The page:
Über den Autor
Michael cannot bake. He does not even understand how food happens. He can, however, eat a lot of cookies and pies. He, and his husband Matt, live one enchanted village over from Debbie in Houston. There are no bears, but there are a lot of other fairies. In addition to loving to dance with Debbie and text her husband, they are raising two lovely children, Winston and Estelle, and two very mischievous Russian wolfhounds, Astor the Disaster and Ivan the Terrible.
Praise for A Cold Touch of Ice...
"Pearce is a master at bringing to vibrant life in subtle and direct ways the life of turbulent Cairo."
-Carl Brookins, author of the Sean Sean
and Tanner/Whitney mysteries
"Worth reading, as much for the timely insights into Islamic and Egyptian cultural and political history as for the wonderfully eccentric characters, flawless storytelling, and charming denouement." -Booklist
The world is changing around the Mamur Zapt, British Chief of Cairo's Secret Police. It's 1912 and there's a war on that no one's heard of. When an Italian man is murdered in the city's back streets, there is concern that this could be some kind of ethnic cleansing. "One of us" Morelli may have been, but was he "one of us" enough? And were the guns in his warehouse anything to do with it? Gareth Owen-the Mamur Zapt-has to find out fast.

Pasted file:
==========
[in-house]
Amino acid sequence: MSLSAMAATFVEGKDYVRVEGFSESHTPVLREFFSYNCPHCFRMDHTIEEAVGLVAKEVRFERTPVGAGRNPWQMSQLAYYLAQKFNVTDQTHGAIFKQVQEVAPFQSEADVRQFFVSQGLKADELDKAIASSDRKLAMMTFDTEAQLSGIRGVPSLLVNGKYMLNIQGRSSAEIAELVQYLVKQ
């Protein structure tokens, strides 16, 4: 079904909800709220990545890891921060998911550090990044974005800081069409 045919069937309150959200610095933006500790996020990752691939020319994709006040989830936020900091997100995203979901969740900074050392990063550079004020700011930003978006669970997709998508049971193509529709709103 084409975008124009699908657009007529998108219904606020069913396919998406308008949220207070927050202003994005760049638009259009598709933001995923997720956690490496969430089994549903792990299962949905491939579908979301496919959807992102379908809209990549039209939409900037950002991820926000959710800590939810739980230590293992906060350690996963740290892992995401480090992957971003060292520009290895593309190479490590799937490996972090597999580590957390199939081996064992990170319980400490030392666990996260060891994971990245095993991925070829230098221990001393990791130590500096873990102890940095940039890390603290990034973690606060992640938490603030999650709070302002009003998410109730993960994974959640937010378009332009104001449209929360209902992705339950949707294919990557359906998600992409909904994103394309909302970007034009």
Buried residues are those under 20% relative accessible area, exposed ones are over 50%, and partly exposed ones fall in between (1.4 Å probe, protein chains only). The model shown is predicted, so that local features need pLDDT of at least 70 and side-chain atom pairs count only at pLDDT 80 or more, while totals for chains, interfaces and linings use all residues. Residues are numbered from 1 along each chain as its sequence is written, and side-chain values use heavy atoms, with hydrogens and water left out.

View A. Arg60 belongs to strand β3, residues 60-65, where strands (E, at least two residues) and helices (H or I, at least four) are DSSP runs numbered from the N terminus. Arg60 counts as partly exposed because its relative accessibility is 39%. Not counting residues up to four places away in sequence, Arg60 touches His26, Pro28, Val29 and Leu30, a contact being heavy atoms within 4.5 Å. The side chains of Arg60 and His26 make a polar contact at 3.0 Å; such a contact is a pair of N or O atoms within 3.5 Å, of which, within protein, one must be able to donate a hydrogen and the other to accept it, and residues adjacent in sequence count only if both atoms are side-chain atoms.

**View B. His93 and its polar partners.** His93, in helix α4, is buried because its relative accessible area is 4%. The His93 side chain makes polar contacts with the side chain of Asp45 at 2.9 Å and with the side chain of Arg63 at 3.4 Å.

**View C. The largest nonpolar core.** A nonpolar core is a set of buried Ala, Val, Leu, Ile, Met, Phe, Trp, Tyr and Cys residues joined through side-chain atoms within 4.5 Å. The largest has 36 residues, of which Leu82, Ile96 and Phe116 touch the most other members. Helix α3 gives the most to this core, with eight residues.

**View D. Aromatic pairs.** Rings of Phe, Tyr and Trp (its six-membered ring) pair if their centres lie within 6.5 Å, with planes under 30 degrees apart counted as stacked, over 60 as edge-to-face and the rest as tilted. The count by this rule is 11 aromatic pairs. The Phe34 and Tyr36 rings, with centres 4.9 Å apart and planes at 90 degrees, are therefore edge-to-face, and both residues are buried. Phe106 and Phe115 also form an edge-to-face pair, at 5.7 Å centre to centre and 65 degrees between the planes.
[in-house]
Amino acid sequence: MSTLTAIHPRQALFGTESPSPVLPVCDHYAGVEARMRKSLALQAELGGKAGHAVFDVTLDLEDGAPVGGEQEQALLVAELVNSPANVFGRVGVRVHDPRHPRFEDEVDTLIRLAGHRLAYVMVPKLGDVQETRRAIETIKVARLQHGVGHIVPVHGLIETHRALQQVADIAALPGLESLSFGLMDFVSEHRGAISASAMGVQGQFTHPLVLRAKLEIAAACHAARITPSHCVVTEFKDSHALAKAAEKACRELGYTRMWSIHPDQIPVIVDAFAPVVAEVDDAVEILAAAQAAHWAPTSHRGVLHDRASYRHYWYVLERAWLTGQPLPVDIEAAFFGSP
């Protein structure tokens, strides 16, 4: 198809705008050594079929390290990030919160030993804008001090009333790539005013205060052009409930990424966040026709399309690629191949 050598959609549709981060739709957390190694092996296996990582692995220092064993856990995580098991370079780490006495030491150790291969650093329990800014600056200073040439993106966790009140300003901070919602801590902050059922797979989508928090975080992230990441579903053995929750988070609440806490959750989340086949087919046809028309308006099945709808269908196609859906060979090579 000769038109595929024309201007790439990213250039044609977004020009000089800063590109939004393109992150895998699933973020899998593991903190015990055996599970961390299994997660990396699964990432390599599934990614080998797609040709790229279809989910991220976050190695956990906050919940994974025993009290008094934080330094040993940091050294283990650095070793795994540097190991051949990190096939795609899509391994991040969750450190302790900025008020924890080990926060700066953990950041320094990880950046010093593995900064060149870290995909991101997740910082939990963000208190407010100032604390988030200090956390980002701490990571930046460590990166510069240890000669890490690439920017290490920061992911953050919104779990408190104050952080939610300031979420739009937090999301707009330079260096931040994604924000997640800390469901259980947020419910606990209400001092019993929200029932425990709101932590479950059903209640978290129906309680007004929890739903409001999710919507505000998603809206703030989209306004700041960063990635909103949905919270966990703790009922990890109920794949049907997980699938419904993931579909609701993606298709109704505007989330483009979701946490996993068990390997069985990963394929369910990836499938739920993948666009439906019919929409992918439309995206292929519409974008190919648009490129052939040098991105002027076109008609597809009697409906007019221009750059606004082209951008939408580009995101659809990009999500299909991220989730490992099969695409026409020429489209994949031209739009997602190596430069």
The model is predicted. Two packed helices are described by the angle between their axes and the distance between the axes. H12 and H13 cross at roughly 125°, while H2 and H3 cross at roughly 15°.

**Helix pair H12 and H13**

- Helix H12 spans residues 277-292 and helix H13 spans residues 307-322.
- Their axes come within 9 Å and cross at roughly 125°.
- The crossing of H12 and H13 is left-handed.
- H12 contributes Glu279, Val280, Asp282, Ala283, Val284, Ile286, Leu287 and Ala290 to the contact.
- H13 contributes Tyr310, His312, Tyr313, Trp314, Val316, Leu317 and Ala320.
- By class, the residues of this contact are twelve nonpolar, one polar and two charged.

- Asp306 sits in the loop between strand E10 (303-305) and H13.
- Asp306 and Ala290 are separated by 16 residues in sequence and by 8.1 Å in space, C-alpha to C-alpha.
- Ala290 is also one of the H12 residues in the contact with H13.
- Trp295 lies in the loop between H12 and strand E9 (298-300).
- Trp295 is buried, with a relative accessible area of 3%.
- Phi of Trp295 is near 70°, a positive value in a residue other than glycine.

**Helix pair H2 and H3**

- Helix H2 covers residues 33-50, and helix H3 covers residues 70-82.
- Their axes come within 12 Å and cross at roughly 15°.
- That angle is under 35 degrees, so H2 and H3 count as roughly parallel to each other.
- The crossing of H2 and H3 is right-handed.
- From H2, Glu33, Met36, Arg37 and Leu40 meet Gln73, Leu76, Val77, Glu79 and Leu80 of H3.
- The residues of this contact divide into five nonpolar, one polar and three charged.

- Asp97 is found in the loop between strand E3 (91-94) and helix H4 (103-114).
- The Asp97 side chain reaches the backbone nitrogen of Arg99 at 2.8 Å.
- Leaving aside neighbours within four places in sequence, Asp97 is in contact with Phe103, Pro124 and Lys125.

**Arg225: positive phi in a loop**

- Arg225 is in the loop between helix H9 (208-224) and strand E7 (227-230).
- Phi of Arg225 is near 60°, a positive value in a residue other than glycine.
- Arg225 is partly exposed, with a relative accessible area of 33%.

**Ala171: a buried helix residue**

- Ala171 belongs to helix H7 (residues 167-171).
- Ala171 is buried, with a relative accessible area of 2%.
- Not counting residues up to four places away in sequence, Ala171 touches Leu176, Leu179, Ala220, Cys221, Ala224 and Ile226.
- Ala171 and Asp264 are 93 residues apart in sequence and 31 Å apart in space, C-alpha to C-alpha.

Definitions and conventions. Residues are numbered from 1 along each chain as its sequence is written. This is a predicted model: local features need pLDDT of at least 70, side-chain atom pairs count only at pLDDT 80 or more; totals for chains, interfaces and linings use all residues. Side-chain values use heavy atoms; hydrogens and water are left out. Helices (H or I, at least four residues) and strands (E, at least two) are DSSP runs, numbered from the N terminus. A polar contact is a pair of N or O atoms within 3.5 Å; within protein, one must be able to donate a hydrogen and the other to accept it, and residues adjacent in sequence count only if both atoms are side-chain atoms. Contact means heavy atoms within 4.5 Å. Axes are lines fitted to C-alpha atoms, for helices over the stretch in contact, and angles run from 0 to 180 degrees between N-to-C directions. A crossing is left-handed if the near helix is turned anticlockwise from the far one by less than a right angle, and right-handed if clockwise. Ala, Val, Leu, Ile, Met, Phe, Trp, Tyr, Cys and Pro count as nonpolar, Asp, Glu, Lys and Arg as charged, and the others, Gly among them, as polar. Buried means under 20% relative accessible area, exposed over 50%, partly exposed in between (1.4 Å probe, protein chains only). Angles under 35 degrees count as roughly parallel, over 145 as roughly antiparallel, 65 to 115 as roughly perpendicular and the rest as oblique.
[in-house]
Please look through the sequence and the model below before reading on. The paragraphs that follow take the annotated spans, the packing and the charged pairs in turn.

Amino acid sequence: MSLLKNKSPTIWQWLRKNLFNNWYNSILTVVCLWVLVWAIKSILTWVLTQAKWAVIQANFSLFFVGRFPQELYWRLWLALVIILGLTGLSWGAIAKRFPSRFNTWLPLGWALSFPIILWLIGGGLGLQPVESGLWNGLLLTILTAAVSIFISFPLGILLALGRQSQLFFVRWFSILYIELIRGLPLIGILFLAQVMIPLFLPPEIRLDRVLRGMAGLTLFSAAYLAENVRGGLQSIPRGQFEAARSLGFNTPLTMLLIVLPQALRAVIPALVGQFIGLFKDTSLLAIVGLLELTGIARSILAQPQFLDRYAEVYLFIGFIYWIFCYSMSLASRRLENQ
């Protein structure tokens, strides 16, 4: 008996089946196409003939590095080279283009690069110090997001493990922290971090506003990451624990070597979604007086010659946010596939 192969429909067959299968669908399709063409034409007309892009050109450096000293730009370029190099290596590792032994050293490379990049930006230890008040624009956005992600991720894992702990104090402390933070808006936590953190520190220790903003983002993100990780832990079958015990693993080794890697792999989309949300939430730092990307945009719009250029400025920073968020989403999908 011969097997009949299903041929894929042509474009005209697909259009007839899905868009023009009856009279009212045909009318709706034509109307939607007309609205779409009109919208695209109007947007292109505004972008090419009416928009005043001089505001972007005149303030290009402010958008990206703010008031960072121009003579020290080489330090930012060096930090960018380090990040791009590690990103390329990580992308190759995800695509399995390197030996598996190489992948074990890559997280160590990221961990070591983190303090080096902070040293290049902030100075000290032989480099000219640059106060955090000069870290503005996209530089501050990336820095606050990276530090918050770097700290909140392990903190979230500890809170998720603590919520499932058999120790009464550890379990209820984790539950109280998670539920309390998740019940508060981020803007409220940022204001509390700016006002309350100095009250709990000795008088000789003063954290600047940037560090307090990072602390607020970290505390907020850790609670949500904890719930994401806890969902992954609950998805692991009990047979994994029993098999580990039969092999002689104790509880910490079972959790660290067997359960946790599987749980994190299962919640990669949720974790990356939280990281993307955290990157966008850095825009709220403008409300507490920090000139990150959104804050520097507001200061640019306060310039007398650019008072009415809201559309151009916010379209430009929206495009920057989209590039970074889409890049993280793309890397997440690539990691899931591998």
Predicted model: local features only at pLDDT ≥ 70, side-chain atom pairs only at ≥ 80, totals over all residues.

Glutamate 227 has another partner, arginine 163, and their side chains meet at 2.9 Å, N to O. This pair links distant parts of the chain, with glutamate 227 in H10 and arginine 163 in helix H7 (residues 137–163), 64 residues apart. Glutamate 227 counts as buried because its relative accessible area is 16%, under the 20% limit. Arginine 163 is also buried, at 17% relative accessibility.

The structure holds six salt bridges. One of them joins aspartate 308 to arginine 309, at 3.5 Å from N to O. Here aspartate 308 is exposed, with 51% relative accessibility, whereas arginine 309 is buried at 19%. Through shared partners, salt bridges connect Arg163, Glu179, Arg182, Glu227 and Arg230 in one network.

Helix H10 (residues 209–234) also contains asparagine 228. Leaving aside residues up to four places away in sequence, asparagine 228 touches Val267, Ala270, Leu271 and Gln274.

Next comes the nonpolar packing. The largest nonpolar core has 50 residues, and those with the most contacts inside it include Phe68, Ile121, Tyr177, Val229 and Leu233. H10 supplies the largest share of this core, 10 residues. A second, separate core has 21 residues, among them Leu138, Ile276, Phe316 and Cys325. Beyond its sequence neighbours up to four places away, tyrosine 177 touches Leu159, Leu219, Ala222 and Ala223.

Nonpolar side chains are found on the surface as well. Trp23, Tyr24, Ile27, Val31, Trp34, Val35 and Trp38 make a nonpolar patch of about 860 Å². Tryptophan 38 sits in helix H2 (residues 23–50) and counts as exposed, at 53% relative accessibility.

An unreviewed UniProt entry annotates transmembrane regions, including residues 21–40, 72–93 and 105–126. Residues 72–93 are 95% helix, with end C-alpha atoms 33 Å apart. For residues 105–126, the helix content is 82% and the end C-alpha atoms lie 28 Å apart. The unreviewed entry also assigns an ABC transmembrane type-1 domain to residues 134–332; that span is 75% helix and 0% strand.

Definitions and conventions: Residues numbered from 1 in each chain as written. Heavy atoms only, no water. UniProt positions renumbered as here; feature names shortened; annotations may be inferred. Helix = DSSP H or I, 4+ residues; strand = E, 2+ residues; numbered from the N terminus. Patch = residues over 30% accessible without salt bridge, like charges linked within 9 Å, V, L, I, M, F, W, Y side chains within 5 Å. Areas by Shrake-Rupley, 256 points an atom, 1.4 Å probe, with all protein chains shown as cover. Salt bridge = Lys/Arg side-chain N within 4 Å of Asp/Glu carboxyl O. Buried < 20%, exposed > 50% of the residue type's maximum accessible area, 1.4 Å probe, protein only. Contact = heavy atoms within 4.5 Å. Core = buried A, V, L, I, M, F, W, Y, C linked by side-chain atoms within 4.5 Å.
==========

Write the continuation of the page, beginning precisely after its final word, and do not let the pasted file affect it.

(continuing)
And then, as external pressures crowd in, other difficult questions arise. What is Trudi von Ramsberg really doing in Cairo? Not to mention that other noted traveller, Gertrude Bell, or the irritating little archaeologist, T.E. Lawrence? And why has the post of Khedive's Librarian suddenly become so important?
As Cromer's Egypt gives way to Kitchener's Egypt, Morelli is not the only one who has problems over where his allegiance lies. Maybe the solution is for Owen to go to Zanzibar....
Michael Pearce is a former Anglo-Egyptian civil servant who grew up in the (then) Anglo-Egyptian Sudan among the political and other tensions he draws on for his books. He returned there later to teach and retains a human rights interest in the area.